Pastor's Pen, Presentation of The Lord

When I was still in Jamaica, the Father General of the Jesuits, Fr Nicolas, spoke to us of a problem we have in the Jesuits.  He said we are good at celebrating our successes.  For example, he said when a Jesuit publishes a new book, his Community holds a sort of “victory” party.  He went on, however, to say that we are not good at celebrating our failures.  For example, a Jesuit may labour for decades at a particular mission and not see many fruits from his work.  When he finishes, there is typically silence or even suggestions of critique. We love success and disdain failure.  The problem with all this, even though it seems pretty clear that most of us prefer to succeed, is that we can miss what is most important.  And what is most important is fidelity, of seeking to be faithful no matter the situation or the difficulty.  In this week’s readings, we hear of the Lord’s appearance among us.  The Prophet Malachi proclaims that “the Lord whom you seek will suddenly come to his temple.  The messenger of the covenant in whom you delight – indeed, he is coming.”  In the Letter to the Hebrews, the author writes “it is clear that Jesus did not come to help Angels, but the descendants of Abraham.” With the Presentation in the Temple, Simeon declares “my eyes have seen your salvation, which you have prepared in the presence of all peoples.”  For us, the presence of the Lord does not end with his merely being present.  Rather, it is for us to reflect on the quality of his presence.  How was and is Christ present to us?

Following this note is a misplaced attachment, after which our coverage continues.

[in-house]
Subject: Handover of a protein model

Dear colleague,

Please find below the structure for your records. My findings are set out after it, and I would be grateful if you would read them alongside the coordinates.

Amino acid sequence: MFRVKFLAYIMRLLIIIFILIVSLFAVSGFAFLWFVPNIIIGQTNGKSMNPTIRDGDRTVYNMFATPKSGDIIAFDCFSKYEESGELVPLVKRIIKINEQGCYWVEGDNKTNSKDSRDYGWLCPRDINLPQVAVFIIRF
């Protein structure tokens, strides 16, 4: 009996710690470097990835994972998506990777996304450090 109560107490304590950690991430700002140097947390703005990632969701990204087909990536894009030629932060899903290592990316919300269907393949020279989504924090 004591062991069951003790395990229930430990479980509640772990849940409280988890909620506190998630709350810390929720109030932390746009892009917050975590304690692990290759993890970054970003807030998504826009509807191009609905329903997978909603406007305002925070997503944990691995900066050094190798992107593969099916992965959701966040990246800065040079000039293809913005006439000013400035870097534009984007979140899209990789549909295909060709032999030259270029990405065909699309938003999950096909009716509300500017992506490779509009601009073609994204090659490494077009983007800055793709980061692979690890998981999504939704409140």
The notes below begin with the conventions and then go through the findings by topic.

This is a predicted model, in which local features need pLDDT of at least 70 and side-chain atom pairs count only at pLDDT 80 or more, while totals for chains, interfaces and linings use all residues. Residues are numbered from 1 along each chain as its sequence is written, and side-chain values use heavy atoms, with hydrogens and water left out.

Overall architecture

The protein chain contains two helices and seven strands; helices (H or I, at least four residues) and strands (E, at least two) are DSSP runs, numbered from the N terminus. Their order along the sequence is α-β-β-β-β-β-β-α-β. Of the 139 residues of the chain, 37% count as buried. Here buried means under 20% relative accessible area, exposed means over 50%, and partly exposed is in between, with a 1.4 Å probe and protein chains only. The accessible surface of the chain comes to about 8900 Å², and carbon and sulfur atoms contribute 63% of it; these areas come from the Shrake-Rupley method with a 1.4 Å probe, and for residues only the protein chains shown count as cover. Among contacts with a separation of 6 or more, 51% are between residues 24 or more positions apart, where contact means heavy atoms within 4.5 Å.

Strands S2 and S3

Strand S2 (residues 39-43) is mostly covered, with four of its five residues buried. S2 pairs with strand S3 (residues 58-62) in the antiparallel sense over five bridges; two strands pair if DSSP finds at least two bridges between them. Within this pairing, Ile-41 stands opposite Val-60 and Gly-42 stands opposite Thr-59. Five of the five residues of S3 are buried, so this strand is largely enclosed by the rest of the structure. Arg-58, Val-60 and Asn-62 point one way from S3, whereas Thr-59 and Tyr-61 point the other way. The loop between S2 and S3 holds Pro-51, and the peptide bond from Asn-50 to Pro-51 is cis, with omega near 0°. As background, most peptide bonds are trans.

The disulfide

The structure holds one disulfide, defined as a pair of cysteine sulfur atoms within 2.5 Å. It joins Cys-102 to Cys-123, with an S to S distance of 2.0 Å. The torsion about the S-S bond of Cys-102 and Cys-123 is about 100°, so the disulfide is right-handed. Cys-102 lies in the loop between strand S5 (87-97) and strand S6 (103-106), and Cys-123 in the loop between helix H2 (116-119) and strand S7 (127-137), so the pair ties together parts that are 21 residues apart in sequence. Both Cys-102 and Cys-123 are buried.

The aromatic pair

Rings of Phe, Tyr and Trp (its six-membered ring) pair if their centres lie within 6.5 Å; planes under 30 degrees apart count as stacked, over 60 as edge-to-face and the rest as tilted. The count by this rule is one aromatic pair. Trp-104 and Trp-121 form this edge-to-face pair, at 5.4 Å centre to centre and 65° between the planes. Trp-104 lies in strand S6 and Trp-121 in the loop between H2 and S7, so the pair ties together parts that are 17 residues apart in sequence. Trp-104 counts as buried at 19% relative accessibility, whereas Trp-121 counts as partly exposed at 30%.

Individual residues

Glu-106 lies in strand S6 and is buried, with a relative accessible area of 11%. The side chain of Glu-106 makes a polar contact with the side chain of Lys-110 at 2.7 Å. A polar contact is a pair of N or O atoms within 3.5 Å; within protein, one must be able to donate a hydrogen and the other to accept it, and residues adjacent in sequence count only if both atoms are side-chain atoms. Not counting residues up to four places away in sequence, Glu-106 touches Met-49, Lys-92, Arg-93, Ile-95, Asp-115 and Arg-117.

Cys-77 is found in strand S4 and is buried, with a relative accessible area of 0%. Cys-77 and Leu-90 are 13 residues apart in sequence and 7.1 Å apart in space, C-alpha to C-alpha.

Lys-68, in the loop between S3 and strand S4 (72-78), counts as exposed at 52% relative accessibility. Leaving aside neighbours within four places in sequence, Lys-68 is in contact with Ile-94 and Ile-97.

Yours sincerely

In both the Second Reading and the Gospel, there is the mention of suffering which accompanies the Lord’s presence.  Hebrews reads, “Because Jesus himself was tested by what he suffered, he is able to help those who are being tested.”  Saint Luke says that Christ will “be a sign that will be opposed” and that “a sword will pierce” Mary’s soul as well.  In our own lives, it would be hard to relate to a God who did not know what it is to shed tears over loss or frustration, to continue living when all seems not to make much sense.  It is so important for us to know that we are not called to successes but to seek to be faithful.  It is not for us to think that our life is meant to be a work of struggling alone.  We know that our God has experienced similar struggles, anxieties and uncertainties about what to do.  We then know that our path to God and is in the footsteps of Christ’s love.  We delight in Christ as our God because he delights in each of us.  God does not desire monuments of our accomplishments.  God is not disappointed by our failures.  God delights in you and will go to any measure to express and share this truth of faith.  We move towards God through God’s love.  And we move with this love with arms outstretched – desiring to embrace our Lord and each other.  This upcoming week we have lots of chances to embrace with the different activities surrounding the Feast of Our Lady of Lourdes: there is a dance, Novena, Mass, colouring pictures of Mary and a movie about Saint Bernadette.  Come and delight in God by delighting in each other.

God Bless and Take Care!

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